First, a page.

Easy come, easy go: What am I?

https://www.flickr.com/photos/[email protected]/13974181800


The phrase easy come, easy go according to the urban dictionary can be best described as when ‘something good happens easily, it easily can be taken away or destroyed’

In the light of the above however, the trust of this piece lies in the too good to be true lies associated with what is known as ‘Ponzi schemes’. The foregoing however raises some questions as to what a ‘Ponzi scheme’ is.

A Ponzi scheme can be best described as ‘a fraudulent investment operation where the operator, an individual or organisation pays returns to its investors from new capital paid to the operators by new investors, rather than from profit earned through legitimate sources’. In others words, it is a case of ‘robbing Peter to pay Paul’. Ponzi scheme are characterised by operators offering higher returns than other investments, taking the form of short-term returns that is unreasonably high.

It is one record that the word ‘Ponzi’ is nicknamed after Charles Ponzi, an Italian, who in the year 1920, migrated to America. Charles Ponzi became well known for his notorious act in establishing the scheme, which hit a total collapse with millions being owed to investors. Although it is widely believed that he did not invent the fraudulent scheme, but he was at the forefront in establishing the scheme.

In relation to the aforementioned, the month of November 2015 witnessed the coming of what came to be known as ‘Mavrodi Mondial Movement’ (MMM) Nigeria in Nigeria’. The scheme promised investors a 30% return on investments as well as other bonuses, which includes ‘referrals’.

The scheme claimed to be a community of people helping people to create a balanced society for all. Those who were desperate for quick riches did not give it a second thought before signing up to the scheme. The scheme had certain rules and used two basic terms in its operations in Nigeria. These terms became known as the ‘PH and GH’, simply put, ‘Provide help and Get help’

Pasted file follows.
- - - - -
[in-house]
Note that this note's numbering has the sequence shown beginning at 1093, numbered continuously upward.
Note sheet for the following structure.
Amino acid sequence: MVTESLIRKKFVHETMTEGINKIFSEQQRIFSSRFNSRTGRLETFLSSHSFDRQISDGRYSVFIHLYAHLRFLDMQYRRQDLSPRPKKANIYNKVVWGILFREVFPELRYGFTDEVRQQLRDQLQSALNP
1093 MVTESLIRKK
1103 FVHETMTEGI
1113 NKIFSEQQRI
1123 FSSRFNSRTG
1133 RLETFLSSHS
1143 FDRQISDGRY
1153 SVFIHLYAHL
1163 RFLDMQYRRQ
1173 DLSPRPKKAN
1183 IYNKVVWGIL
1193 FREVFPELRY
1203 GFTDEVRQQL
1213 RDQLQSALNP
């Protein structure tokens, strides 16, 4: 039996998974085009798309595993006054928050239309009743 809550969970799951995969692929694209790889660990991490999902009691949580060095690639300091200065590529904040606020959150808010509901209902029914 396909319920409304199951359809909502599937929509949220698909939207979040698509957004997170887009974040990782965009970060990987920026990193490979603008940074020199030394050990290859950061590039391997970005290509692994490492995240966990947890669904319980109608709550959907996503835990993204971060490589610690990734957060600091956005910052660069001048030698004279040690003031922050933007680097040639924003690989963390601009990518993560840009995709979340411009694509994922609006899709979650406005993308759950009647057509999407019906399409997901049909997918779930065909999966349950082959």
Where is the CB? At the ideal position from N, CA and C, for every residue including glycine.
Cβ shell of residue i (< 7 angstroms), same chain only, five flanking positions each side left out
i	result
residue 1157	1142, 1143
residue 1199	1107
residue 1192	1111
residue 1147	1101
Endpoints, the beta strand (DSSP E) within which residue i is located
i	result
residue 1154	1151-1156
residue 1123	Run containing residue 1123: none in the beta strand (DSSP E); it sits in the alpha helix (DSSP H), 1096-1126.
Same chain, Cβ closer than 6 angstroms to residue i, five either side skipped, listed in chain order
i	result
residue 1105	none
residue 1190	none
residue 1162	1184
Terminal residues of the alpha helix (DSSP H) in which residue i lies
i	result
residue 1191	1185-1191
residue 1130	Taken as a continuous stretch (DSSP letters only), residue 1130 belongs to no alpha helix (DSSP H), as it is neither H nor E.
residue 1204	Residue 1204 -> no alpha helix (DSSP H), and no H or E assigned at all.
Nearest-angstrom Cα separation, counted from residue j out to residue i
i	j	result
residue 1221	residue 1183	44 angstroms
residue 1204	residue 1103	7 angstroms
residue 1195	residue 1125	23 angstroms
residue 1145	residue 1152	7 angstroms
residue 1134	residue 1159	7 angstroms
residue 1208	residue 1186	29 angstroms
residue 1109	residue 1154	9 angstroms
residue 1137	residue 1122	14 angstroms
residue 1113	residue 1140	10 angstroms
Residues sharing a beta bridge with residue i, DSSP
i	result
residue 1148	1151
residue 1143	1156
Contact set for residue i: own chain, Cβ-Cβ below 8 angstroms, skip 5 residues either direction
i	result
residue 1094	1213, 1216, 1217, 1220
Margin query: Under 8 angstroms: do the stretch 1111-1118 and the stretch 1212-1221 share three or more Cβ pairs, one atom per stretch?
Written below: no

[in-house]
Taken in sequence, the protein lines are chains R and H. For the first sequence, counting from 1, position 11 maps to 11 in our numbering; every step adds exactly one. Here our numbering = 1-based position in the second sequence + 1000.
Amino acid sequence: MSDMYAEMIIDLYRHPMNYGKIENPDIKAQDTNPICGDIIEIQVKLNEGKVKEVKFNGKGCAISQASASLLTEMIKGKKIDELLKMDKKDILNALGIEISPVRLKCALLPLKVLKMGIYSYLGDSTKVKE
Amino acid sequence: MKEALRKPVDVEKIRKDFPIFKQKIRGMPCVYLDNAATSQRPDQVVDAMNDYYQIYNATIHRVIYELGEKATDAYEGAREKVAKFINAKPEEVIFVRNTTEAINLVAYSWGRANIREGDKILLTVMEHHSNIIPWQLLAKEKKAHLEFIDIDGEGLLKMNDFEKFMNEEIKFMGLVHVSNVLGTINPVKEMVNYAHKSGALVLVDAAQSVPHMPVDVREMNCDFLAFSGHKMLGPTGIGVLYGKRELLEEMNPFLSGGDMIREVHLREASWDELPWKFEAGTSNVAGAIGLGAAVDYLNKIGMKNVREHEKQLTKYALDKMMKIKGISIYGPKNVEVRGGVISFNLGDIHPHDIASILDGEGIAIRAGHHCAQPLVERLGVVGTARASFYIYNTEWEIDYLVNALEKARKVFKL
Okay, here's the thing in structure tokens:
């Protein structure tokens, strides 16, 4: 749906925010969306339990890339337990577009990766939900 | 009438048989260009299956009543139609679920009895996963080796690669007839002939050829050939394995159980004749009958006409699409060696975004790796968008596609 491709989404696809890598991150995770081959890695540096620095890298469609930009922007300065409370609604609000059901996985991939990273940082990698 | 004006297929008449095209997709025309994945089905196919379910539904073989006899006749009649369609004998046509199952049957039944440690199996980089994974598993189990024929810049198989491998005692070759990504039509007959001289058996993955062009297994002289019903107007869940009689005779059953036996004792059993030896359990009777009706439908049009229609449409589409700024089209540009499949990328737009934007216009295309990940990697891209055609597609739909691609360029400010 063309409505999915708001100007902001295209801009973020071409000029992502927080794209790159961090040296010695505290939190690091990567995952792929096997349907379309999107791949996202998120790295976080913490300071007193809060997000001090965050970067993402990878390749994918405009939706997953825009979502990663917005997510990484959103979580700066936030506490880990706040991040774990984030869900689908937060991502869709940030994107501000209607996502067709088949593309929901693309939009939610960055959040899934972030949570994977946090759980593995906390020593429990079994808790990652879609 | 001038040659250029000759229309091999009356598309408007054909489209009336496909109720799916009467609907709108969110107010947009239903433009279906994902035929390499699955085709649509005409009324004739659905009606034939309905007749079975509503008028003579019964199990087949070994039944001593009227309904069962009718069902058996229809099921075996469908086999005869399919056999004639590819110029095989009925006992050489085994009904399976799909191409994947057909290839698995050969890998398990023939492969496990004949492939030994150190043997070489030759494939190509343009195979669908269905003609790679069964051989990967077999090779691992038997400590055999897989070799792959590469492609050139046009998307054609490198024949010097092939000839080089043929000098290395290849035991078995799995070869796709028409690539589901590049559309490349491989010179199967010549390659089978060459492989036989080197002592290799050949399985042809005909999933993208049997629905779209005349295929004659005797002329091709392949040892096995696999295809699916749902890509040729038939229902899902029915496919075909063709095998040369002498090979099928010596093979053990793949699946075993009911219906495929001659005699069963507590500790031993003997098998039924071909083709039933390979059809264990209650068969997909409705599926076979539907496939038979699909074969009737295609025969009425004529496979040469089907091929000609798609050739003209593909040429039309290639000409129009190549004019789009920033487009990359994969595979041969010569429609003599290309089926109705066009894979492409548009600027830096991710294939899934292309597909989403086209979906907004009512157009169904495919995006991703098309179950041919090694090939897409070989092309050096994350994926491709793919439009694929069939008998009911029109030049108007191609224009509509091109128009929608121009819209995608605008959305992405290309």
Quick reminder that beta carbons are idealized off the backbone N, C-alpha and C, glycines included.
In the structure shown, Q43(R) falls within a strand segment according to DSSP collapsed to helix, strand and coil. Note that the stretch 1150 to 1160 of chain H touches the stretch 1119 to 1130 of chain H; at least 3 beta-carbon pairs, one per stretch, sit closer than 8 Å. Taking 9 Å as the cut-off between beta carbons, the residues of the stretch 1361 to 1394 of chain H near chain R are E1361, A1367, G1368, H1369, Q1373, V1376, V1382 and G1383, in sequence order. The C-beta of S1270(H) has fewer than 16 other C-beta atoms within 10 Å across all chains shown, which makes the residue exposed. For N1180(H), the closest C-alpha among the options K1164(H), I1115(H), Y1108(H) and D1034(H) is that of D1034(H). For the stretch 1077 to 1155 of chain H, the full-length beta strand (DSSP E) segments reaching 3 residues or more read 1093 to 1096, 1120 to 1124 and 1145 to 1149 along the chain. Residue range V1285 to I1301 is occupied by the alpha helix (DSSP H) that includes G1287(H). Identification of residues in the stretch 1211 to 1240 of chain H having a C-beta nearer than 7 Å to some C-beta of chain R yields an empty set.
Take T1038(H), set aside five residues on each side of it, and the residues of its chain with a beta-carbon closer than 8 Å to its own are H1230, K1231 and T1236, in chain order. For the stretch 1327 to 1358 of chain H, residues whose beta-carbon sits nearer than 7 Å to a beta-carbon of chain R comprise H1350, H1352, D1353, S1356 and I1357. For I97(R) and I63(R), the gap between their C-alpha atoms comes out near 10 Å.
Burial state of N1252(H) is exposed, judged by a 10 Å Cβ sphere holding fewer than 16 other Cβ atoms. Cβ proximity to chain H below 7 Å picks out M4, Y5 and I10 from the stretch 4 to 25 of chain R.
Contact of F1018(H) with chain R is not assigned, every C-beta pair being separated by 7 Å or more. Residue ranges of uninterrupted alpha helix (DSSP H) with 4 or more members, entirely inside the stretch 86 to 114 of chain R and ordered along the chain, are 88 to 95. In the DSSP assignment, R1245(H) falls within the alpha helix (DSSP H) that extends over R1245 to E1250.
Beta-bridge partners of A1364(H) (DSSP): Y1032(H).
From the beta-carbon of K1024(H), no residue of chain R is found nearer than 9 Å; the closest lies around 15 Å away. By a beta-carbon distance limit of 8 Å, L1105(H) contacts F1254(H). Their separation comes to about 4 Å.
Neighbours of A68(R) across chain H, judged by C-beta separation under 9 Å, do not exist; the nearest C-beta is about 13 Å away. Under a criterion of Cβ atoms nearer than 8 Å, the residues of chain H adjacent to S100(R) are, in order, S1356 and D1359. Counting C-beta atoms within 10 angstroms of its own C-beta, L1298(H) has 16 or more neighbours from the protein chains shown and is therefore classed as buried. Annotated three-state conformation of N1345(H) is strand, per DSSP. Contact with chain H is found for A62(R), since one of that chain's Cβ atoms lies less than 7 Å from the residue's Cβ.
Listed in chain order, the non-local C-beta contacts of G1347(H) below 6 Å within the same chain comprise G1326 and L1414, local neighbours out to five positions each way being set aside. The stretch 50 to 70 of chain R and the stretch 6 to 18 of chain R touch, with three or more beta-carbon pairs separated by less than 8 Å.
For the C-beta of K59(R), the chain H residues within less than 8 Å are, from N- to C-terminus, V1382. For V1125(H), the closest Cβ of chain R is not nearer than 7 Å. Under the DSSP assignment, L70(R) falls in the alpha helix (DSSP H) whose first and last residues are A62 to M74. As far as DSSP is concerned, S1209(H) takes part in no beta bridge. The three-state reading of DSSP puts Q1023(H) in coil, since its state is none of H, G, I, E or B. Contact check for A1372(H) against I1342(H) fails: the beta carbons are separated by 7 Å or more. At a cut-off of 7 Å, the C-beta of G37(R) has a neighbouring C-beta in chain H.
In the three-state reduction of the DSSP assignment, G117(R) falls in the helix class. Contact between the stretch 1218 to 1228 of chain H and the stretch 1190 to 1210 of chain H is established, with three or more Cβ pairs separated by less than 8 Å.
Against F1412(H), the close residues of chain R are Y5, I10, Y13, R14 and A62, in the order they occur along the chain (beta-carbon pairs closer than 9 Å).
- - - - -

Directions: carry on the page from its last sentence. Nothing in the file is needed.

In no distant time, 3.4 million Nigerians had signed up for the scheme as at March 2016. It became more worrisome as the participants in the scheme referred to themselves as mavrodians and went about holding seminars and gaining more gullible followers into their fold. By November 2016, the number of sign-ups were placed at 5.6 million and as the days rolled past, the gospel of MMM gained more grounds.

In a bid to avoid what could be termed as character assassination, I will protect the identity of a close friend who went as far as selling off his car to invest in the scheme. Some withdrew their savings from the banks just to invest in the scheme; others took loans from banks, friends and multipurpose cooperative societies in a bid to invest and join the league of ‘quick money makers’.Suffice it to say however, that the Nigeria government through the Security and Exchange Commission and the House of Representatives also known as the ‘Hallowed Green Chamber warned Nigerians to desist from the scheme as it was a fraudulent one. Members of the green chamber also called on security agencies such as the Nigerian Police Force and the Economic and Financial Crimes Commission (EFCC) to track down those are the forefront of promoting the scheme in the country.